Harman Kardon produces radios for automakers such as BMW, Subaru, Mercedes-Benz and Volvo, in addition to FCA.
In an order detailing the largest civil penalty for an automaker so far, the National Highway Traffic Safety Administration said Monday that Fiat Chrysler Automobiles could have to buy back 500,000 defective trucks and accept trade-in above market value for 1 million defective Jeeps .
The automaker’s record $105 million fine includes a $70 million penalty, $20 million set aside for meeting safety standards dictated by the federal bureau and an additional $15 million in penalties if an independent monitor discovers further safety violations.
The National Highway Traffic Safety Administration will fine Fiat Chrysler Automobiles $105 million for botching the recall of more than 11 million cars, including 1.6 million Jeeps with a fuel tank issue, the Wall Street Journal is reporting.
The automaker faced fines of up to $700 million.
As part of the settlement, FCA will agree to an independent monitor to audit its recalls. On Friday, FCA announced it was recalling 1.4 million cars and trucks for software that could be hacked and controlled remotely.
General Motors disclosed in its quarterly Securities and Exchange Commission filing Thursday that the Federal Trade Commission is investigating the automaker for selling used cars under recall, the Detroit News is reporting.
According to the automaker, the FTC notified GM that it was investigating “certified pre-owned vehicle advertising where dealers had certified vehicles allegedly needing recall repairs.”
The filing acknowledges the investigation is connected with the 2014 recall of 2.59 million cars with faulty ignition switches that could turn the car off while driving, disabling its airbags. So far, 124 deaths have been linked to the defect.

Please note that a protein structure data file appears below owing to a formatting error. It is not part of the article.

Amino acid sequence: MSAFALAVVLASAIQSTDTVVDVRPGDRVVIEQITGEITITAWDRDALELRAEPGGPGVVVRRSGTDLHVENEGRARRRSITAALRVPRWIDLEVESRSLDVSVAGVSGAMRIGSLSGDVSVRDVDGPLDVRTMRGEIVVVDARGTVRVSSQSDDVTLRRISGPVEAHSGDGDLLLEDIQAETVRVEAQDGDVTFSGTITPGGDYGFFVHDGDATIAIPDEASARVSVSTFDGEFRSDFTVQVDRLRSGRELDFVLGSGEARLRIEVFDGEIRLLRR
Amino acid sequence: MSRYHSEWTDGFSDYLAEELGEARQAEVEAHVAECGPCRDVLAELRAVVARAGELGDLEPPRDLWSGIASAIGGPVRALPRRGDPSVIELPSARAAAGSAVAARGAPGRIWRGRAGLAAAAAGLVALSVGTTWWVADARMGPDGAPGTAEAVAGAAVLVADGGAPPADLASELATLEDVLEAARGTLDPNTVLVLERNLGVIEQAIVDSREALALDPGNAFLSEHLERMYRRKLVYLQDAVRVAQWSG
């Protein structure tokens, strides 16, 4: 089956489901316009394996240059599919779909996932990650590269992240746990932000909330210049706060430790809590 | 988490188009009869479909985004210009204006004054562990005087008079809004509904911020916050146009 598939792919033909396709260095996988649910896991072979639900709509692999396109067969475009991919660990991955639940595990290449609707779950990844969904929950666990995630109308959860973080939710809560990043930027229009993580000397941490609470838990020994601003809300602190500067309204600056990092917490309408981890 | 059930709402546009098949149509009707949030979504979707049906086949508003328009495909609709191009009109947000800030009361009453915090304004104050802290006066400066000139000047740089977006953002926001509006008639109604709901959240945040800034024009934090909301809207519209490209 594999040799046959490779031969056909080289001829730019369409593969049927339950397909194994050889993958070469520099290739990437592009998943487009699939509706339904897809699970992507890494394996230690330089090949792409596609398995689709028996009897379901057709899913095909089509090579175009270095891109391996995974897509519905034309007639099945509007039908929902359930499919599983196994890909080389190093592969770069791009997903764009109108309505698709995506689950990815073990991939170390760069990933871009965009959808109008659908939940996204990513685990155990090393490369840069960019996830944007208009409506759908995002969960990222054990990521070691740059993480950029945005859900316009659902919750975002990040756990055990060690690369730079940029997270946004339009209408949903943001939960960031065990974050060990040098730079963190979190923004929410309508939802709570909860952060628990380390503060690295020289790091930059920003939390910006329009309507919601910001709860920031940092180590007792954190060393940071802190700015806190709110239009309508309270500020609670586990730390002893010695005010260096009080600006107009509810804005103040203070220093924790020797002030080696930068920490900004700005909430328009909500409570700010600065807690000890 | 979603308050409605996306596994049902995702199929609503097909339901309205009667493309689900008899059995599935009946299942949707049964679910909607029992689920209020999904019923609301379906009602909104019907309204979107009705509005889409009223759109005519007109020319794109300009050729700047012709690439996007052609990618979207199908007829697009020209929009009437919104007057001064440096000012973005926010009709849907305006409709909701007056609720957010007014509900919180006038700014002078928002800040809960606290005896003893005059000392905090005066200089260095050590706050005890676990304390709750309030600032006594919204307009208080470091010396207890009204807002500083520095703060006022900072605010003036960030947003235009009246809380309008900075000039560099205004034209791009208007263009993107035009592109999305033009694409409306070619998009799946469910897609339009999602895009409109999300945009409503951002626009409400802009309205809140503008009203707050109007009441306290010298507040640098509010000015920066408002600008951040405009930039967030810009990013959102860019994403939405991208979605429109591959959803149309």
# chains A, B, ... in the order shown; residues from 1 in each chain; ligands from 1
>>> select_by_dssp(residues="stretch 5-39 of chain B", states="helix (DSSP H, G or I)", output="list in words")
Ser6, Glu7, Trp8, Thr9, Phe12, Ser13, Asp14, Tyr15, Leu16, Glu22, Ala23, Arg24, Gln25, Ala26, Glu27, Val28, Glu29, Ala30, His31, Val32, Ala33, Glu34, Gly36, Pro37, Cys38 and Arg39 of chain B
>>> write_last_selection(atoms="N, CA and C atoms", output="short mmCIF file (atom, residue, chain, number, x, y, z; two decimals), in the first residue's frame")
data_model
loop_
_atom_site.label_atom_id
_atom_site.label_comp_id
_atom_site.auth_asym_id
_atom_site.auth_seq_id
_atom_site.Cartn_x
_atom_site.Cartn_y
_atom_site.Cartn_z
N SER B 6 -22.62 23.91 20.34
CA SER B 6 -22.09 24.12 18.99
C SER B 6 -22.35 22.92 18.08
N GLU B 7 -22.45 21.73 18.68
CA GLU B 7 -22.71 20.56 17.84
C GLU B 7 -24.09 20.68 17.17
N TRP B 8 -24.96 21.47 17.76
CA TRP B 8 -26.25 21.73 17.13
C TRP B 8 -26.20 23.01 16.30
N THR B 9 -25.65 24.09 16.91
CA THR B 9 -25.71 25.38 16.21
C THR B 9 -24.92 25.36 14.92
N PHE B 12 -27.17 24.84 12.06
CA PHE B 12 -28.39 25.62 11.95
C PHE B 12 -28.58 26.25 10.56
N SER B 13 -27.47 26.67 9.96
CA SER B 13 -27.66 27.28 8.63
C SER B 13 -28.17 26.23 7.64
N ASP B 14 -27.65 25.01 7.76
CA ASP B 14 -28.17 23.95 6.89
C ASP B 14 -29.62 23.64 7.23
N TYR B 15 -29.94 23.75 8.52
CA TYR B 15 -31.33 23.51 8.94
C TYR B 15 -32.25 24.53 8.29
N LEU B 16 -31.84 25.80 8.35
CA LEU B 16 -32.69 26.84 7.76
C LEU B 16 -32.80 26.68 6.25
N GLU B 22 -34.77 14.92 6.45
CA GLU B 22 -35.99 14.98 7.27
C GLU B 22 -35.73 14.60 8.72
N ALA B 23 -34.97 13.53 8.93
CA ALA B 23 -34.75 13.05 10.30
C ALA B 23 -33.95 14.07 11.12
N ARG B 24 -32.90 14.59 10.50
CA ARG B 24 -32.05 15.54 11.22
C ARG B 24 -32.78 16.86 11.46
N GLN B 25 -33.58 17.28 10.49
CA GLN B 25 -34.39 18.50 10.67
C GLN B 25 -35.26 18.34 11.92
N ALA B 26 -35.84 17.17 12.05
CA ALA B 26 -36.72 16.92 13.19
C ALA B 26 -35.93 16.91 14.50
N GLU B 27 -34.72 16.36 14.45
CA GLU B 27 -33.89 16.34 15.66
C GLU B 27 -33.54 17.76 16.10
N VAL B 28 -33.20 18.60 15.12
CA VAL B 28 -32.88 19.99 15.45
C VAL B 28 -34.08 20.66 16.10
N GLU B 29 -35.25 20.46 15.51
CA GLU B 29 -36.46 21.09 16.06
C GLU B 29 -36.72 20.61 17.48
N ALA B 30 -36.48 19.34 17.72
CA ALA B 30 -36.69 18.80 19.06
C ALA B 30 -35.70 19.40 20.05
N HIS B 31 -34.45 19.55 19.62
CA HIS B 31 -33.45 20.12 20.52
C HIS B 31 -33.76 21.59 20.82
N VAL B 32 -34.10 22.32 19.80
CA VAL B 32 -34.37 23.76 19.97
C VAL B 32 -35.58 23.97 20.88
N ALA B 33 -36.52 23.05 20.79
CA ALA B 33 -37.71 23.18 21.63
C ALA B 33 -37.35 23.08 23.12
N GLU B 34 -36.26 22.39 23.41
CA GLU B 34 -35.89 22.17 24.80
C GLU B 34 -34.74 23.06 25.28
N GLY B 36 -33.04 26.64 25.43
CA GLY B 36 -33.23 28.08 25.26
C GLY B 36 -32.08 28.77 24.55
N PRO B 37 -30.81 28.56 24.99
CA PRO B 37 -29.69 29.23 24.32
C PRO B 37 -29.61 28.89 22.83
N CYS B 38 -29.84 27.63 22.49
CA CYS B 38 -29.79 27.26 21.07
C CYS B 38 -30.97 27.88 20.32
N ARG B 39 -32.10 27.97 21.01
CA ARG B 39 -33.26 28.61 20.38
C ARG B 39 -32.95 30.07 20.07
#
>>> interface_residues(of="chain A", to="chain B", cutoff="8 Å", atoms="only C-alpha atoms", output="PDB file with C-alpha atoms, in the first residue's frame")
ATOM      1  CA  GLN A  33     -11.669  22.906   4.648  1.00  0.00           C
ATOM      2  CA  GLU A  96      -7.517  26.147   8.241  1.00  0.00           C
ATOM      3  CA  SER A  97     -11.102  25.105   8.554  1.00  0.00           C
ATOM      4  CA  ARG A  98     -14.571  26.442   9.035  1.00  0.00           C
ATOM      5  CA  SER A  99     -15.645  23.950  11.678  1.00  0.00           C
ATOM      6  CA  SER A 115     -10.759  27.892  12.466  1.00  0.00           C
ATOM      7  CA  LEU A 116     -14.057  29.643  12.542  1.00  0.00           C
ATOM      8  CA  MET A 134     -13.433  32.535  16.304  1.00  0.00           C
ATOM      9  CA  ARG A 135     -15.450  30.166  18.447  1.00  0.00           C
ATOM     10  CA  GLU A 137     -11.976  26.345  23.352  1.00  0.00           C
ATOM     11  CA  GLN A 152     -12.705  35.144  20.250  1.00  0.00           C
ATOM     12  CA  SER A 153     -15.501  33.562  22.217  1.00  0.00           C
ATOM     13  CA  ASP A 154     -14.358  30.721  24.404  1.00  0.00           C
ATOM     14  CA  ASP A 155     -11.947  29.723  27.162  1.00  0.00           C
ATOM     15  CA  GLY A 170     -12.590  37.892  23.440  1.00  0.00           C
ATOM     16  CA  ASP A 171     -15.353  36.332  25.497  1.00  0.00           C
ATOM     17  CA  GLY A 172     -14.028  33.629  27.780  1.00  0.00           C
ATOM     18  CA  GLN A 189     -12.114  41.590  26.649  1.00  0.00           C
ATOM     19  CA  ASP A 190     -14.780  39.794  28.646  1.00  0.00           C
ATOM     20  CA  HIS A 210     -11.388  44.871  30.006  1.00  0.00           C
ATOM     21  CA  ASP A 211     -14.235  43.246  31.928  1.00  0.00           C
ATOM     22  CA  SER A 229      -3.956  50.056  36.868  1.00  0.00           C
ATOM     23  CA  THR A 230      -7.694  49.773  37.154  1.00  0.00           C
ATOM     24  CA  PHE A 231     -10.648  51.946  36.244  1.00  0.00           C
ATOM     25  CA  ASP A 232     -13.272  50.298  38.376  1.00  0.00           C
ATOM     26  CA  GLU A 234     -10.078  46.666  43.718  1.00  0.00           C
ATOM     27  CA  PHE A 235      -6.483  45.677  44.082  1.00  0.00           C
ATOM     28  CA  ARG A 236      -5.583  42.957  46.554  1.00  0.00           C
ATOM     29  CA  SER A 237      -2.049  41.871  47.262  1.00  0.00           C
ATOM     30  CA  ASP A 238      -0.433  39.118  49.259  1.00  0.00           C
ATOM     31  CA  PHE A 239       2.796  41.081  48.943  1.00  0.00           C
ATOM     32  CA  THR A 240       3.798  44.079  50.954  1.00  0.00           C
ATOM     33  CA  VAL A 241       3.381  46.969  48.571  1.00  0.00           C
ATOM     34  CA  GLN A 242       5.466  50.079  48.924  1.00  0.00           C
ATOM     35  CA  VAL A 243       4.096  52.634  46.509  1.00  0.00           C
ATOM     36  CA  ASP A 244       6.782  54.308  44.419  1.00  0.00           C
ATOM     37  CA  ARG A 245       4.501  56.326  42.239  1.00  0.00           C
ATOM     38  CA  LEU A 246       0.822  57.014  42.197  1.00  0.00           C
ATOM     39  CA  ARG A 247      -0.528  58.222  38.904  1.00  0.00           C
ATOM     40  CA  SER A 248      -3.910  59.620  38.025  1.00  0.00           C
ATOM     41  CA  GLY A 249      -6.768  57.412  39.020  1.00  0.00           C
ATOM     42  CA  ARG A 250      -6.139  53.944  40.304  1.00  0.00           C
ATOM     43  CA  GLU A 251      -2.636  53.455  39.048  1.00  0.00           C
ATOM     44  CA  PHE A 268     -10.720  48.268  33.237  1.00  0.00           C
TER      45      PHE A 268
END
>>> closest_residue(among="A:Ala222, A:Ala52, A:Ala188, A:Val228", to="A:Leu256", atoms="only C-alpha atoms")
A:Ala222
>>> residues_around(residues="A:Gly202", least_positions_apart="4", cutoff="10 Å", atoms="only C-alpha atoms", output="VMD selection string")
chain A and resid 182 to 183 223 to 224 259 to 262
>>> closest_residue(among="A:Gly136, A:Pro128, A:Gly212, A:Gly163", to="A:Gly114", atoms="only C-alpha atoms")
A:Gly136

Last week, we learned General Motors was recalling the majority of their Hummer H3 and H3T models due to a fire risk from a melting blower motor resistor and harness. We also learned GM didn’t issue the recall until they were threatened by the National Highway Traffic Safety Administration.
A few days ago, Jalopnik’s Michael Ballaban pointed out the Chevrolet Colorado and GMC Canyon were also at risk due to similar components. These trucks may not be the last of the affected models as the Pontiac Solstice and Saturn Sky also shared many HVAC components with the Hummer H3.
Searching through the NHTSA complaints database and user forums yielded many examples of melted and burnt blower motor resistors and harnesses for the GM roadster twins.
U.S. rental cars will need to comply with open recalls before being driven off the lots, a U.S. Senate panel decided Wednesday, according to Bloomberg.
The measure was an about-face from an earlier proposal backed by automakers, consumer groups and some rental car companies, which would have allowed rental cars with known defects to continue to be driven, as long as those defects were disclosed to consumers. NHTSA asked lawmakers to consider the proposal on pulling defective cars off the road in February.
The bill’s opponents said the revised amendment could harm consumers by filling dealerships with rental cars waiting to be repaired.